Miss Elizabeth Mageough died in 1869 and in her will after her various bequests
and expenses had been paid it was discovered that there was a residue of £36856.13s.10d
of 3% stock and £7590.12s.5d of Bank of Ireland Stock - a total of £444447.6s.3d.
In her will she had directed than any residue should be given on Trust to
three clergy and three laity of the Church of England who she named in her
will. Her wish was that the residue would go towards building a suitable
place for elderly ladies to live. By the time she had died the Church of
England in Ireland had been disestablished and one of the Trustees, Dr Charles
Fleury, had already died so there was a delay before the Trust could be applied
as the various legal problems were sorted out. The Trustees first met then
in 1871 and appointed Mr Rawson Carroll as their architect. He was directed
to visit various buildings in England and draw up some designs. He presented
the Board with drawings of something very like the current building but there
was major disagreement about them at the Board leading to the resignation
of the Revd. Edward Metcalf, the secretary to the Trustees.
Having appointed replacements for Dr Fleury and Mr Metcalf the Trustee's agreed
the current plans and after almost a year of searching for a suitable site
all across south Dublin they purchased the current site from the Rt. Hon. Cowper
Temple, a relative of Lord Palmerston the British Prime Minister. It was situated
in a field just off Milltown Path, a lane which meandered across open country
from Rathmines Bridge to the railway bridge over the Dodder which had only
recently been constructed. After the Mageough was completed Cowper Road, Palmerston
Road and Temple Road were laid out around it.
After the first estimates for the building were received it was found that
they were far too high and there was a complete rethink leading to the appearance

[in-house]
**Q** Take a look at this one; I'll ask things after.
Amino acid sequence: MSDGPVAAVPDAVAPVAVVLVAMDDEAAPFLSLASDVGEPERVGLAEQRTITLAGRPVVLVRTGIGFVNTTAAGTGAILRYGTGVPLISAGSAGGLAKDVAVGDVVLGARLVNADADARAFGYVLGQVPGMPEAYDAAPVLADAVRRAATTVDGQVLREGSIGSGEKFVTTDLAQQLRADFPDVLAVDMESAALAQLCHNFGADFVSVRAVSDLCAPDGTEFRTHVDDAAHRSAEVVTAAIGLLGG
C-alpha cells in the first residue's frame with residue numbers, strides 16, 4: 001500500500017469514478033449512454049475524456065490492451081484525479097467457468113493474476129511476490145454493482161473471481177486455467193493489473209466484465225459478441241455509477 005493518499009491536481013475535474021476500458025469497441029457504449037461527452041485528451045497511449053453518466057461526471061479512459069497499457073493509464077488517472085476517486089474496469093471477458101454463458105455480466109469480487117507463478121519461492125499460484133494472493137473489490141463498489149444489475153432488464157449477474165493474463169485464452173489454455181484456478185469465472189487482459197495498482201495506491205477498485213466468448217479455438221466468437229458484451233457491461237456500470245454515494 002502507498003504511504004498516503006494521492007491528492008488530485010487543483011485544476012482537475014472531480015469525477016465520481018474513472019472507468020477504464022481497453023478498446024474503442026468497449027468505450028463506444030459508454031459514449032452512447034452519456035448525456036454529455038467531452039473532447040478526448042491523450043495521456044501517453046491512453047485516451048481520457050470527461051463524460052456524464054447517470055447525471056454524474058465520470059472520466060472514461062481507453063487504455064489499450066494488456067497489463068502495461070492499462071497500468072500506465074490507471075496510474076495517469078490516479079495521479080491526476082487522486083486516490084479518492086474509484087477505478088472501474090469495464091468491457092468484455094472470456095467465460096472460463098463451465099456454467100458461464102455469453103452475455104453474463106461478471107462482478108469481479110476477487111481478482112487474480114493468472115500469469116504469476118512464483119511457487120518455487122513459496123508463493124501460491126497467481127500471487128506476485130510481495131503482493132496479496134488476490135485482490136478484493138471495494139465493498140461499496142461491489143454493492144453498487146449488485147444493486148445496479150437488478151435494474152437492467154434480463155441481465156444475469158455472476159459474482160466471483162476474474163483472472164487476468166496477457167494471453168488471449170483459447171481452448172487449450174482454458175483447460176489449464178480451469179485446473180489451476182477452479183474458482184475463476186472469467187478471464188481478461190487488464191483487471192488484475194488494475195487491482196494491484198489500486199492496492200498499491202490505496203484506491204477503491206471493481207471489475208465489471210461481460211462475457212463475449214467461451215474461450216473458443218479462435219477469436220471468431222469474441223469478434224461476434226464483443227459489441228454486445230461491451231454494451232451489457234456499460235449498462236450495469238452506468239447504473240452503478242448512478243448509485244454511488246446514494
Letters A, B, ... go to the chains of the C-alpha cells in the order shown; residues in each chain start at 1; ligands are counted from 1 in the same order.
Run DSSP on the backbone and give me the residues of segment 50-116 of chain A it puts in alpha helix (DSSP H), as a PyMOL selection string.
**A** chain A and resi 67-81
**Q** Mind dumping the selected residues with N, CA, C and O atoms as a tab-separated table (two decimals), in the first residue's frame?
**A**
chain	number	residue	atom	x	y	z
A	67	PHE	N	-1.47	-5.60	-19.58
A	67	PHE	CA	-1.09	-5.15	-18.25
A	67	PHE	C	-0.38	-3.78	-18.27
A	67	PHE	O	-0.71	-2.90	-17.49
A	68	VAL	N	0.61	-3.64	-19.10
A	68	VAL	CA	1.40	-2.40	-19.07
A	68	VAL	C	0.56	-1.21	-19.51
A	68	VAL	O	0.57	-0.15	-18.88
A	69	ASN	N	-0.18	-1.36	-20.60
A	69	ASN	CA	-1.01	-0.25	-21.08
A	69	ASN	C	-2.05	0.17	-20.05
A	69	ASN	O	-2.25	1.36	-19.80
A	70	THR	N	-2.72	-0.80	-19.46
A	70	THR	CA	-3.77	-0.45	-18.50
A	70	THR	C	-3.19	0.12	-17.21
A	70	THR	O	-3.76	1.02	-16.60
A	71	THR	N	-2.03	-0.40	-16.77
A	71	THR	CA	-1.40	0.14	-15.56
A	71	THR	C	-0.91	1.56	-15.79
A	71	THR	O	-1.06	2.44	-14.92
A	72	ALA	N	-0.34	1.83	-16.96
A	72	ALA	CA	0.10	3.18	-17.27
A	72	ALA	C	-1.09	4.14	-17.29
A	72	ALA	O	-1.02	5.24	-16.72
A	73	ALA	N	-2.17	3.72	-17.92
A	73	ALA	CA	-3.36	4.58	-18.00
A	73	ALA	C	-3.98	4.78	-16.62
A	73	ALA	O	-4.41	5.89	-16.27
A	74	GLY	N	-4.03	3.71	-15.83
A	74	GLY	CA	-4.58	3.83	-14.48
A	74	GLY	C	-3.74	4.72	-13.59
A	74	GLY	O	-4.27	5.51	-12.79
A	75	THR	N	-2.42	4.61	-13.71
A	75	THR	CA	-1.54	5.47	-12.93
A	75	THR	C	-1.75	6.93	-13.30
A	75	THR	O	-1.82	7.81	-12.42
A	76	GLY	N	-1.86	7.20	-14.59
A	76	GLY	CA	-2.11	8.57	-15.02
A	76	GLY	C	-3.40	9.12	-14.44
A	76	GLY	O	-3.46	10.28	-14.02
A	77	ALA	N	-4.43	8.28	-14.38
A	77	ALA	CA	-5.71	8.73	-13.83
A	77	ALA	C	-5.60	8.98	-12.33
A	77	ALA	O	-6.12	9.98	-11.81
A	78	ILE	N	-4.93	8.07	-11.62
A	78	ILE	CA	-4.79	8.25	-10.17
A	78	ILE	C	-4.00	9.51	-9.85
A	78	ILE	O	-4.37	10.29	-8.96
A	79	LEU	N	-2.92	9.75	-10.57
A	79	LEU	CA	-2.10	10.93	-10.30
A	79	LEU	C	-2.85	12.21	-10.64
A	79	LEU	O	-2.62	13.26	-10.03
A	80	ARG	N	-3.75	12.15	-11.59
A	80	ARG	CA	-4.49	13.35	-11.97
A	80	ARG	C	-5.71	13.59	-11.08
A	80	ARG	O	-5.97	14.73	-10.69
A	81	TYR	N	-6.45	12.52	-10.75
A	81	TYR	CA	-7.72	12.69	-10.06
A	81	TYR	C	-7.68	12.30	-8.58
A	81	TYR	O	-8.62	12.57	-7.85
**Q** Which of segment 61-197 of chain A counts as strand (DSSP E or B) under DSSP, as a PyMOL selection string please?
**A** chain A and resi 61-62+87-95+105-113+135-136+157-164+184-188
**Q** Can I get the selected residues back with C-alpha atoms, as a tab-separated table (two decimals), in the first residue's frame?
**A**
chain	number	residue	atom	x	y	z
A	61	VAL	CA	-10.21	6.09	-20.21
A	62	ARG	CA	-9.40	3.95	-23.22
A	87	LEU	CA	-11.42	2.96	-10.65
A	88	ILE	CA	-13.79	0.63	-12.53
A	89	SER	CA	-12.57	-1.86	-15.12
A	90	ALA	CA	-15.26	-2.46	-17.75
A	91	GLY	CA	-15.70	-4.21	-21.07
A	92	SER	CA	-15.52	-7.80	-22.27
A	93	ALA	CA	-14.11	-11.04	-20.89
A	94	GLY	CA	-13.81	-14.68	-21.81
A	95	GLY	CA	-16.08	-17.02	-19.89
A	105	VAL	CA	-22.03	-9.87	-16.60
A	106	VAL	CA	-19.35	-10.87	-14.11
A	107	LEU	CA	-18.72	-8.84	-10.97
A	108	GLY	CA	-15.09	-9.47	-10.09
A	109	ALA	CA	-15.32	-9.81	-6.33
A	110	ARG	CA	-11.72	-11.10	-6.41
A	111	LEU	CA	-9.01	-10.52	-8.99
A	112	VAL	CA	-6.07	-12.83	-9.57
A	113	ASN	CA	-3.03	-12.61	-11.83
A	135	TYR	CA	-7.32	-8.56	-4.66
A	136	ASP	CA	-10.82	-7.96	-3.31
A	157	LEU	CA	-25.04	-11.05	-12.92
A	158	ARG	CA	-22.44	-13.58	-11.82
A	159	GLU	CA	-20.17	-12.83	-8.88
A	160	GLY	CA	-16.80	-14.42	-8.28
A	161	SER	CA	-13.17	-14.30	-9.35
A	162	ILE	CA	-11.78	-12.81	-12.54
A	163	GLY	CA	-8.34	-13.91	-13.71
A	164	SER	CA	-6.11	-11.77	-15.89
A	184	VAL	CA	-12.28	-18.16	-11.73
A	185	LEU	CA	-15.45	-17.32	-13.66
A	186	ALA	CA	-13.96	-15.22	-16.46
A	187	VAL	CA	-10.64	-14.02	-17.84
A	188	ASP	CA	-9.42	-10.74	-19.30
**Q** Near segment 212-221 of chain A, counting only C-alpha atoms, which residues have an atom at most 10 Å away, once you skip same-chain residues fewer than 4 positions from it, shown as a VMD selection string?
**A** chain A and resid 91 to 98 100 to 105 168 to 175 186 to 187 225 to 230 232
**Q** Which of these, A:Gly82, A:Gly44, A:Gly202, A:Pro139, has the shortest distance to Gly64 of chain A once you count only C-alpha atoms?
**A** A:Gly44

remaining exactly but the construction being of poured concrete, bringing the
build in under budget. This quote was for £16,770 and was from Moyers
Builders of Portobello. Mr Moyers, an uncle by marriage of Edward Carson was
later to be a Lord Mayor of Dublin.
The first residents moved in in November 1878 by which time a Registrar, Matron
and Chaplain had been appointed. There were various problems to be sorted out
with residents and neighbouring churches especially when an exceptionally able
Chaplain, the Revd. Benjamin Gibson, was appointed in 1880. He remained as
joint Registrar and Chaplain until his death in 1907 and during that time filled
the Chapel not only with residents but with an eclectic and wealthy congregation
who benefited the Mageough greatly.
That was perhaps its high point and subsequent Chaplains, World Wars and political
changes made the survival of the Mageough something of a struggle. But survive
it did and with amendments to the Trust agreed with the Charitable Commissions,
in 2006, the Mageough, now catering for men and married couples, has returned
to something like its former glory.
The current Board and Manger are building on the work of recent Managers and
generous benefactors and are upgrading the houses as they become vacant. The
grounds are probably in better shape than they ever were making the Mageough
a delightful place to live.